The fourth is new and offers eligible stockholders the option to propose amendments to STORE's bylaws, which proposals would be approved upon a majority vote of the outstanding shares entitled to be cast. From day one as a public company, STORE has pursued best-in-class governance designed to limit management entrenchment including being among the few REITs to actively opt out of MUTA or the Maryland Unsolicited Takeover Act.

In this spirit, this proposal is intended to offer our long-term stockholders an added a measure of control. Our proxy this year also importantly continues expanded corporate disclosure regarding corporate responsibility, which is echoed by a new Corporate Responsibility tab in front page of our corporate website and even in my recent annual letter to stockholders, which is made available at the time that we filed our annual 10-K with the SEC.

Corporate responsibility discussions regarding the obligations of business leaders and Board of Directors have been constructively promoted by many of the leading management teams and investment firms. We have taken a more proactive approach to since discussions in 2019 and looked to counter ourselves among thee leaders. From a broad corporate perspective, we take a view that attention to ESG or environmental social and governance issues is another way of thinking about our responsibility to all of our stakeholders. We actually started this company to meet the real estate capital needs of many real estate intensive middle-market companies.

So our customers are the stakeholders that inspires formation of STORE Capital. Then came our stockholders and employees followed by our business partners and many communities around the country that we think to positively impact the prudent investment of our capital alongside the growing businesses that are our customers'. Our measurement of success has always been to do well by all of our stakeholders. We win if we all win. This is true for the two prior successful public companies that were founded and led by this leadership team and is highly relevant today.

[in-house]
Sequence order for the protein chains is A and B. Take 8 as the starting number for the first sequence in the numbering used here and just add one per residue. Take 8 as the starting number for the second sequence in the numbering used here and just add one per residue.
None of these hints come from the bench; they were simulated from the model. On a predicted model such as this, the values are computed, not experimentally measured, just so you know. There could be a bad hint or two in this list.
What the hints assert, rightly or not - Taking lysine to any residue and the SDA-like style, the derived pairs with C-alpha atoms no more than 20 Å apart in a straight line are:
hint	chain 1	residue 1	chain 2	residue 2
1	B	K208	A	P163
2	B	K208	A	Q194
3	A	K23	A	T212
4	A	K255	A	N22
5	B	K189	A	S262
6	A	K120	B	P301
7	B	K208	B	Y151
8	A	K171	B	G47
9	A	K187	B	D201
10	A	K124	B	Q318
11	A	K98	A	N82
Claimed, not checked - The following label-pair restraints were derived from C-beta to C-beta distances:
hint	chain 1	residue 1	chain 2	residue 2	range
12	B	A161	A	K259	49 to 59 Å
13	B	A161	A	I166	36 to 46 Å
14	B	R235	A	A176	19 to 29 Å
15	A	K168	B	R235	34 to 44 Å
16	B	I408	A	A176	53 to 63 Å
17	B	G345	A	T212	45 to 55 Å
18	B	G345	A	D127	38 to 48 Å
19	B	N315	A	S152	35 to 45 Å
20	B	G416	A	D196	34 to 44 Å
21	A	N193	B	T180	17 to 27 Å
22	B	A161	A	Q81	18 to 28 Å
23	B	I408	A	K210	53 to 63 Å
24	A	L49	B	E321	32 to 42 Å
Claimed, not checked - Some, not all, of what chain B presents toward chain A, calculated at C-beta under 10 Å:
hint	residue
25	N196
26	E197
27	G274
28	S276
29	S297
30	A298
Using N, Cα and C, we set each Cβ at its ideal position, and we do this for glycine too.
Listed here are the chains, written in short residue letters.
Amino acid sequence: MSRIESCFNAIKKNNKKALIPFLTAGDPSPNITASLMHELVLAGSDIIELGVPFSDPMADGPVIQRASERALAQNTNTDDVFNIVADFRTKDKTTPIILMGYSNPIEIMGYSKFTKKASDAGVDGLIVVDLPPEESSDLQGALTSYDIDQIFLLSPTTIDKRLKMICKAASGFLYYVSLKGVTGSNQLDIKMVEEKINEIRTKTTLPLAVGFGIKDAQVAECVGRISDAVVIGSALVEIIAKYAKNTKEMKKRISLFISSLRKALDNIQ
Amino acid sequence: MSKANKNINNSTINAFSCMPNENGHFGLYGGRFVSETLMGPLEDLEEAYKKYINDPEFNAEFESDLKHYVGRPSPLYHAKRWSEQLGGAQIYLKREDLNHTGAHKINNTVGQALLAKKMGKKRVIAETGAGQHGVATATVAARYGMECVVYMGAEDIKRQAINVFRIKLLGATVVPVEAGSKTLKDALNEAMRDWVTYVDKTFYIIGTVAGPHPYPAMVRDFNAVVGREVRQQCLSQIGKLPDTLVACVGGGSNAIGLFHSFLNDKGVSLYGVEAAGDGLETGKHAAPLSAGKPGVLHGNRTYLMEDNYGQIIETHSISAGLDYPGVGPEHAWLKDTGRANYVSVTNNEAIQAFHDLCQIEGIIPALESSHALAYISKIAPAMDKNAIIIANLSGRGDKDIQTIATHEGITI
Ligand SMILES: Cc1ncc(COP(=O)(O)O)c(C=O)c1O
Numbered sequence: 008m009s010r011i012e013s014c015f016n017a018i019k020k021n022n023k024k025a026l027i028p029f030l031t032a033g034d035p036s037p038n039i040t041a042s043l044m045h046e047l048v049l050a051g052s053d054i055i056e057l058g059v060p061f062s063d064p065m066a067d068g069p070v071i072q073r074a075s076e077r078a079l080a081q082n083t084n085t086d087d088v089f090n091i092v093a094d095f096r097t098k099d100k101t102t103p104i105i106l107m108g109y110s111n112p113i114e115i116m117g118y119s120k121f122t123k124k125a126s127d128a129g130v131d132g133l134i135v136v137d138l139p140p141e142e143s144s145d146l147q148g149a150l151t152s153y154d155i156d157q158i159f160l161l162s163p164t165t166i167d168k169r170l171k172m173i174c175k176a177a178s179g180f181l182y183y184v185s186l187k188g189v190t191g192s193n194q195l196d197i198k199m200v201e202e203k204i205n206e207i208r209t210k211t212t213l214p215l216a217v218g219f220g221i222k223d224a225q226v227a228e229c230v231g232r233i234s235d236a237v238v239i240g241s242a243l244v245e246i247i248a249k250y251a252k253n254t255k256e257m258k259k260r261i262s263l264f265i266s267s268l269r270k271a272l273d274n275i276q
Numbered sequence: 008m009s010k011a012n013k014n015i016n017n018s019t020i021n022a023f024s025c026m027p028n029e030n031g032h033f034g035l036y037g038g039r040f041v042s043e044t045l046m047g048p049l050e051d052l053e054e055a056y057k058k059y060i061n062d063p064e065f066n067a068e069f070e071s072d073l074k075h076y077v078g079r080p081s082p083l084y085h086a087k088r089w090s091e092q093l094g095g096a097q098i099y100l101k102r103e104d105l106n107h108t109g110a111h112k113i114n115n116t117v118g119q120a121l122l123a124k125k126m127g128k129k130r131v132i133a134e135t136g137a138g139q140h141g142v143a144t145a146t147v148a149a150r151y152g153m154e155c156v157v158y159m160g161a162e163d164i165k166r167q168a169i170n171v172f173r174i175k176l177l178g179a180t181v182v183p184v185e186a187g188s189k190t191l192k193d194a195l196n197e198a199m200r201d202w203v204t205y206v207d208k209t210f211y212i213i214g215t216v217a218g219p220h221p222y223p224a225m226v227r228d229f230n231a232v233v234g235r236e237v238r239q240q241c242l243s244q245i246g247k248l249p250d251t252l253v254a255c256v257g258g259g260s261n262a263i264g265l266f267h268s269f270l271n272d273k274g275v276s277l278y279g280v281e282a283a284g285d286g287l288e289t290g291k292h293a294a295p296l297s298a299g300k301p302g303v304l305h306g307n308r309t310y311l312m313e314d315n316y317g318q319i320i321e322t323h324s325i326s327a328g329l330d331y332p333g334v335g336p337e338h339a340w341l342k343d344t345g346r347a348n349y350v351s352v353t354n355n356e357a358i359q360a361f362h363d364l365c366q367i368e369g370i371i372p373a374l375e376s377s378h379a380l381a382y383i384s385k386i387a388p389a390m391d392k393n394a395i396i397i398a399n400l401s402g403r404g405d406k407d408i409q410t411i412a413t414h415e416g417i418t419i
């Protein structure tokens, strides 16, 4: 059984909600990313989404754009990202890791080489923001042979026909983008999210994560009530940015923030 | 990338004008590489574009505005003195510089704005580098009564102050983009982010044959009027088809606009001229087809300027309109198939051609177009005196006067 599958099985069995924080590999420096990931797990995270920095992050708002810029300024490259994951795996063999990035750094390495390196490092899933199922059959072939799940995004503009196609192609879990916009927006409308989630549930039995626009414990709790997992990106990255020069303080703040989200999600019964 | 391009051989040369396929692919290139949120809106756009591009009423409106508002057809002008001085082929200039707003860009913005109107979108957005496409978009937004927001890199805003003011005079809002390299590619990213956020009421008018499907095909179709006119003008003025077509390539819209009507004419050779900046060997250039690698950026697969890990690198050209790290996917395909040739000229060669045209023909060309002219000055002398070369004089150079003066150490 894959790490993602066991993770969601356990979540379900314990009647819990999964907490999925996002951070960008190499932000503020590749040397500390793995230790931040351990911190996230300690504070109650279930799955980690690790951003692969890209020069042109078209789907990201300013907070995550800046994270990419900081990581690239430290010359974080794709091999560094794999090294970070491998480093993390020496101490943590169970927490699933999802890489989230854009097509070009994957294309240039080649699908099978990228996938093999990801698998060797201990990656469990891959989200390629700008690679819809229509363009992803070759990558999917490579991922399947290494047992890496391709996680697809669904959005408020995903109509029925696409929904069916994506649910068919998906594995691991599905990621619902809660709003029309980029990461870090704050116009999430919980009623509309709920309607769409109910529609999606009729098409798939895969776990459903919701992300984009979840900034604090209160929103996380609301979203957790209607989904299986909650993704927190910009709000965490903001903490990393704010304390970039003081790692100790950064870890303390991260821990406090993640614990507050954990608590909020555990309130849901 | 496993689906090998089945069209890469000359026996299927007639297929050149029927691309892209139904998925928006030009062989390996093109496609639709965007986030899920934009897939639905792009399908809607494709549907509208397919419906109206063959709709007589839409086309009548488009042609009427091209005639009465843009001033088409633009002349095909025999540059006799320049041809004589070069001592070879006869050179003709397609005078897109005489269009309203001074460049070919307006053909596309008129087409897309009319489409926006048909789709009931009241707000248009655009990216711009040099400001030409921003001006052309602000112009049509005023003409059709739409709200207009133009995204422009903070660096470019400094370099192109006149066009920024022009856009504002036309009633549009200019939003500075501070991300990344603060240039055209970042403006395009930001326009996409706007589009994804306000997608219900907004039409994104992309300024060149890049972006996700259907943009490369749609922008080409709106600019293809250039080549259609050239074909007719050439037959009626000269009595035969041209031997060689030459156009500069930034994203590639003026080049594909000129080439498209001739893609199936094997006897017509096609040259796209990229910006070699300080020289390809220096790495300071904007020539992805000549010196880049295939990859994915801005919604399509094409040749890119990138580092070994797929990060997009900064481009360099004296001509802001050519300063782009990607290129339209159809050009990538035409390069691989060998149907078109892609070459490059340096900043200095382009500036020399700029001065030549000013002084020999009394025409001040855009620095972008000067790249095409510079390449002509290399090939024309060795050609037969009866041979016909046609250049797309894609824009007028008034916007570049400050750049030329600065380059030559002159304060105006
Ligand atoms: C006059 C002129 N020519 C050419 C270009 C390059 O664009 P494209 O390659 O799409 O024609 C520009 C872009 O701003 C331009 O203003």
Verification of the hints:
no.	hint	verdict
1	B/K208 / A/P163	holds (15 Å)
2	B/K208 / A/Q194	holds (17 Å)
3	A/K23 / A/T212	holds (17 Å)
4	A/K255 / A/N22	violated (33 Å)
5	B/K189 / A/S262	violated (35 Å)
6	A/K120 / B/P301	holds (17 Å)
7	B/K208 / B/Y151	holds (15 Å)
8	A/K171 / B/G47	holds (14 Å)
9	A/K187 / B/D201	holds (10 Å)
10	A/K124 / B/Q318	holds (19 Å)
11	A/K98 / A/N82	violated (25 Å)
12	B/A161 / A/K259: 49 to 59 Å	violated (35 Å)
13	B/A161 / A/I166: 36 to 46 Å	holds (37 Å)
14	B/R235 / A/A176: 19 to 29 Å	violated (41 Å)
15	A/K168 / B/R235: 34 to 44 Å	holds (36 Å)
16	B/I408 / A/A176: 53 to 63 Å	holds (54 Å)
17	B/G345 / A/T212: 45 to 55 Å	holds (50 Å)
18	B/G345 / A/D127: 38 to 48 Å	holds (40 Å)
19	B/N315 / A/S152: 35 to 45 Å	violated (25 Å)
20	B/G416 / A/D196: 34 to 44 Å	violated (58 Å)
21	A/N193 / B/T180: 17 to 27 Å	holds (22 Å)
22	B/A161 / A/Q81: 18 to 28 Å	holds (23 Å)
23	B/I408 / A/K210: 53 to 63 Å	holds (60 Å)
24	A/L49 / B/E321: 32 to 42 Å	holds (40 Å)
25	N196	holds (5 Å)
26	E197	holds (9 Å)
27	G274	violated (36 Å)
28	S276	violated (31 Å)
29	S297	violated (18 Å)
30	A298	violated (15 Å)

Finally, I recently offered my first Seeking Alpha post, which you might find interesting. The article addresses the business model dynamics of net-lease companies like STORE Capital and the eight variables that we have as business leaders to mathematically drive our internal and external growth. Those eight variables enable the computation of six additional key performance indicators as well as estimates of internal and external growth. Given such quantitative comparability, we started to benchmark ourselves against various peers at the beginning of the year based upon year-end 2018 data. In my opinion, quantitative business fundamentals like this are the foremost reason for STORE's outperforming and consistent stock performance from the beginning of 2015 to the end of 2018 while our share price to AFFO multiple differed little at these two points.

And with that, I will turn the call over to the operator for any questions you may have. Operator?

Questions and Answers:

Operator

Yes. Thank you. (Operator Instructions) And the first question comes from Rob Stevenson with Janney.

Robert Stevenson -- Janney Montgomery Scott -- Analyst

Good afternoon, guys. Chris, given that you guys get financials on on your tenants, have any of them gotten hit with significant tariffs on Chinese-made goods? I'm thinking furniture or maybe a few of the other businesses? And if so what impact that's having on coverage?

Christopher H. Volk -- Chief Executive Officer

Rob, we've been looking at at tariffs stuff since actually last summer. So as it start kicking in, we started actually surveying all of our tenants directly. And we have a lot of -- some were (inaudible) with the summer and we're stuck at -- to ingest that and calling up a lot of companies and just finding out exactly what the impacts were. And the answer to all of that is it's so far our customers are not impacted at all. And I think it's because a lot of them import goods away from China. I mean there are a lot of other places you can get goods whether it's Vietnam or Thailand, if you're in the furniture manufacturing businesses. There are all kinds of places where you buy parts and that's kind of what happens in furniture manufacturing. You're buying parts from places and then you're assembling them in the U.S.